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The north Wirral coast of Wallasey was once frequented by a mermaid: she could be seen off Black Rock, and also near Leasowe Castle, where the stretch of sands is called Mockbeggar Wharf.
A Liverpool sailor called John Robinson fell victim to her charms when he saw her sitting on Black Rock; he took her on board his boat, and she gave him a ring. She returned to the sea and he to his home, where he died five days later.
She could also sometimes be seen sitting on some boulders called the Mermaid Stones further down the coast near Leasowe Castle.
The Mersey Mermaid
Is there any truth behind the mariner's tales of merfolk?
Over 70 per cent of the Earth is covered in water, and many scientists believe that all life on this planet originated in the sea. When a human being is developing in the womb the foetus actually grows a set of gills and a tail at one point, and biologists think this is an indication of the early aquatic origins of mankind.
Many babies are born through waterbirth nowdays, because a new born baby breathes amniotic fluid in the womb until it's born, and the shock of breathing in air makes the child cry. You may have also seen how new born babies can instinctively swim underwater. If you take this further, it may throw some light on why humans like to holiday on beaches by the seaside, and why mankind has always been fascinated with the exploration of the sea. Now, could there be a missing link between us and sea creatures? The following strange story suggests that there is.
In 1848, a 25-year-old Liverpool sailor named Richard Mattaign boarded a huge ship called the Ocean Monarch at Liverpool. The ship was bound for the United States, but when she was passing within six miles of the Great Orme, off the coast of North Wales, tragedy struck. An immigrant passenger aboard the Ocean Monarch mistook a ventilator for a chimney and lit a fire which soon spread throughout the ship. People panicked and dozens crawled along the bowsprit at the front of the ship to escape the flames, while others were burnt to death. Some were forced to jump into the raging sea. Richard Mattaign staggered onto deck suffering from smoke inhalation, then fell over the ship's rail into the sea.
Hundreds perished in the tragedy. Survivor Richard Mattaign awoke and saw a full moon in the sky. He felt week, and he looked around and found himself being pulled along in the waves. A woman with a very pale complexion and long black hair had her arms under his arms, and she was swimming through the waves. Richard Mattaign thought he was hallucinating and passed out. When he regained consciousness, he was on a beach at Hoylake. Standing over him was a naked woman. It was the woman with the pallid face who had rescued him from the sea. It was a sultry August night, and Mattaign didn't feel cold. He felt weak, but he got to his feet. As he did, the strange woman backed away from him, then ran in the moonlight down the beach to the sea.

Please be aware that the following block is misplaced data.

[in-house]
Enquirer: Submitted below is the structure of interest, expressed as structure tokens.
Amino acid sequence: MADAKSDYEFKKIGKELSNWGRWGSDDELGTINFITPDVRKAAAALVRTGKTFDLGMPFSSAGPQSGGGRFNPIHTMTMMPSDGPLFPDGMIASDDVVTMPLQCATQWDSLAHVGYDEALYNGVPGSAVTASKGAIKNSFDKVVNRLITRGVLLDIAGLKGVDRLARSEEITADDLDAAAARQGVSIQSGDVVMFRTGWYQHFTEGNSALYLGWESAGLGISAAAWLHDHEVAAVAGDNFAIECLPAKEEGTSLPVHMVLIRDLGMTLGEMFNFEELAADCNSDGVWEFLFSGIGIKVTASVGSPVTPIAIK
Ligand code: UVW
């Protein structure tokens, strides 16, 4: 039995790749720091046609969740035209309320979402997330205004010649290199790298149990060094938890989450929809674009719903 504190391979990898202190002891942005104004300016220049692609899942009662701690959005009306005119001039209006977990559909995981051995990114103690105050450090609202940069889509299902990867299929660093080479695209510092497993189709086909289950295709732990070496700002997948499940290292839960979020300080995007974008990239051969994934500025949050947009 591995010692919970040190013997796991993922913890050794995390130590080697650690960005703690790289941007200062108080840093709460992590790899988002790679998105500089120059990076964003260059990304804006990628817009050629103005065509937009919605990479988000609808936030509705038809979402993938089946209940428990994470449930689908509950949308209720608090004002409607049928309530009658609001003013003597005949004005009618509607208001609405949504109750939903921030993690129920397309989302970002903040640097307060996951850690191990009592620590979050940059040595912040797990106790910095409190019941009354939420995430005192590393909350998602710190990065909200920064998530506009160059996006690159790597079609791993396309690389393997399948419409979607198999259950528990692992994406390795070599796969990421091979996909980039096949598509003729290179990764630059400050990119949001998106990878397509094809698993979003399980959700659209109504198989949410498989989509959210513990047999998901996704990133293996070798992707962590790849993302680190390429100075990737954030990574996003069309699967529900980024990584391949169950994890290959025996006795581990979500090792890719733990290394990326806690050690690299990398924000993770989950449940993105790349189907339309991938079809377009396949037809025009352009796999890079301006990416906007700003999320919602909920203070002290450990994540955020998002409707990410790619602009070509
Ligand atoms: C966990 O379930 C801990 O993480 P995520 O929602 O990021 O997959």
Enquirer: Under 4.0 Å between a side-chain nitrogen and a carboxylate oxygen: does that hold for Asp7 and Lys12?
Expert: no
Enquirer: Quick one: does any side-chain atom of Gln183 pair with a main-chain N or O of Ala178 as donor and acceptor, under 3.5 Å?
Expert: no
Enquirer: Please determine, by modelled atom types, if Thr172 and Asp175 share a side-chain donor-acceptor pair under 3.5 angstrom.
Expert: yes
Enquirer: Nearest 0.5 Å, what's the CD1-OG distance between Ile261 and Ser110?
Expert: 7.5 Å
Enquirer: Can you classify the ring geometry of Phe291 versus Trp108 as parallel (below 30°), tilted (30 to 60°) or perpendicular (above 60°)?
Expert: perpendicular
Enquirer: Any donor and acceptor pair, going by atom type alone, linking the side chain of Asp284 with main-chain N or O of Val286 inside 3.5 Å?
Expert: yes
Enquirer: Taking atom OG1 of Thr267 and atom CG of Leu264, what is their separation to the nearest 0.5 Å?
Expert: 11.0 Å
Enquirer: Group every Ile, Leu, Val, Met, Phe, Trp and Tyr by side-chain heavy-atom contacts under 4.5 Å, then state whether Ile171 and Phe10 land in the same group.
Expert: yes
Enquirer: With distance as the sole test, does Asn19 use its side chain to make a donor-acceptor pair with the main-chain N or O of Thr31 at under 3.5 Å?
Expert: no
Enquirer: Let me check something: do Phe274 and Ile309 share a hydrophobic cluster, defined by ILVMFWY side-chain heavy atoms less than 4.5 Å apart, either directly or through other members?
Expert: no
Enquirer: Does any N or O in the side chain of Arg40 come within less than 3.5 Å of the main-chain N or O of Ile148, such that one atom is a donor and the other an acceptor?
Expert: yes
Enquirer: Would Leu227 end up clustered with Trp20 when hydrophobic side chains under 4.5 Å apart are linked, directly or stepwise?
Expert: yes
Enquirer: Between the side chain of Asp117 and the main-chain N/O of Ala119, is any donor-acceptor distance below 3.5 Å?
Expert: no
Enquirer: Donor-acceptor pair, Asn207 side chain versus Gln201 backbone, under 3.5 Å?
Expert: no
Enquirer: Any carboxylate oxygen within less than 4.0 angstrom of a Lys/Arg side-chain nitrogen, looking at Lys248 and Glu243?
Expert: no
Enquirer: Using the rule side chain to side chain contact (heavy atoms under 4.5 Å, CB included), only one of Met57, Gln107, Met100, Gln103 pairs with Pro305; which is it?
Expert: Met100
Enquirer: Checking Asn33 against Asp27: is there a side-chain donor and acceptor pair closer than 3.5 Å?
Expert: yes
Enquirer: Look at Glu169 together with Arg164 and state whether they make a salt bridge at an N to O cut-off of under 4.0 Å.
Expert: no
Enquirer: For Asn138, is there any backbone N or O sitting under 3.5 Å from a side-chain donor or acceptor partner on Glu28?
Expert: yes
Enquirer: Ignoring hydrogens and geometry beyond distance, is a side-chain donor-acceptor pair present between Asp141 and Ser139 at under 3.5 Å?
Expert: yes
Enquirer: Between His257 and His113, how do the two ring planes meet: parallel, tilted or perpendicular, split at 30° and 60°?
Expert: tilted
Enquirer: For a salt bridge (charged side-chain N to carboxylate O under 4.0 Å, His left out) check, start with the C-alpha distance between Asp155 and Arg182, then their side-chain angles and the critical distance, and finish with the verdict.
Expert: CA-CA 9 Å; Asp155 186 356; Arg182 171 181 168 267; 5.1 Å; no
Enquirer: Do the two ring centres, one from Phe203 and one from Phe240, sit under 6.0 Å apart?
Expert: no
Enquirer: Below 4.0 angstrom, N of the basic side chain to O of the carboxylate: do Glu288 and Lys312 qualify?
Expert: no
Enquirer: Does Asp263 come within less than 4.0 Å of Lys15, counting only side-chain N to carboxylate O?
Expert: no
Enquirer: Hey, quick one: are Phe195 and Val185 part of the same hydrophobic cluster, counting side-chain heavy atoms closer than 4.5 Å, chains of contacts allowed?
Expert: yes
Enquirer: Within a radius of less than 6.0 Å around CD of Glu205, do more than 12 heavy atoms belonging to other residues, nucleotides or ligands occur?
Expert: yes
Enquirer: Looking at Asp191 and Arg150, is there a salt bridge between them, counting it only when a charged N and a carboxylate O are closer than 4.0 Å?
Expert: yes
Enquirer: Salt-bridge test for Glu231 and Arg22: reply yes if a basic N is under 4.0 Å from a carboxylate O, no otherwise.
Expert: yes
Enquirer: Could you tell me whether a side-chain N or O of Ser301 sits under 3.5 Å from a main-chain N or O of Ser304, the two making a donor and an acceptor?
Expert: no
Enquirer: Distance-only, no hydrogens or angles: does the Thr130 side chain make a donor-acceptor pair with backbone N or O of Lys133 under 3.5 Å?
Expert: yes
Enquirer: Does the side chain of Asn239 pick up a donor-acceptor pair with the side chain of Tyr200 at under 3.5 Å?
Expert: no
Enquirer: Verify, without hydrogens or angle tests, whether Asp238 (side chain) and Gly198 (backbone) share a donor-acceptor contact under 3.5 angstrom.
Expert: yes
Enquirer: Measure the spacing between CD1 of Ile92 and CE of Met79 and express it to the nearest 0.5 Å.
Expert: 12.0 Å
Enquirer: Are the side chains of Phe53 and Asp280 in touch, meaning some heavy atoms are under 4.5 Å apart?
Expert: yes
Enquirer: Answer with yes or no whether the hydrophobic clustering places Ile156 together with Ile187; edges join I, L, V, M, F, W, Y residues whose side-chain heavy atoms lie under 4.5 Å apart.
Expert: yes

Mattaign said: 'No, wait, who are you?' And he watched as the woman walked into the sea. She kept walking until her head dipped under the waves. Richard Mattaign was convinced he had been rescued from the shipwreck by a mermaid, and he told people but they thought he was mad.
The only person who believed Mattaign was an old sailor named O'Connell, because he said he had seen what he called 'the people of the sea' when he lived near Black Rock, off the coast of Leasowe. The legend of the Black Rock mermaid goes back into the mists of time, and for hundreds of years, people have heard the sound of a submerged bell ringing beneath the waves. It's said to be the bell of a church that sank in medieval times.
Mattaign journeyed to Leasowe and secured employment there, and his behaviour became increasingly odd. He said he had met the mermaid who had saved him as he was bathing in the sea. Strangely enough, several other people did see him on several occasions with a woman, who would always vanish. Mattaign said the mermaid was guarded by a seal and a long swordfish which had attacked him until the woman of the deep called it off. This swordfish had a blue diamond shape between its eyes.
Mattaign ended up in the sailors home, where he related his tales about the merfolk. He said that one day, he saw a cloudy disturbance in the water, and three men appeared out of the waves. They took the mermaid back to depths of the sea, and he never saw her again. Just before Mattaign died he asked to be buried at sea so he could be reunited with the mermaid he loved, but Mattaign was put in a pauper's grave. Strangely enough, a month after he died, a huge swordfish was caught near Perch Rock. It had a distinctive blue diamond-shaped blaze pattern between its eyes. Possibly a coincidence, and perhaps Mattaign invented his tales of the mermaid. We may know more one day.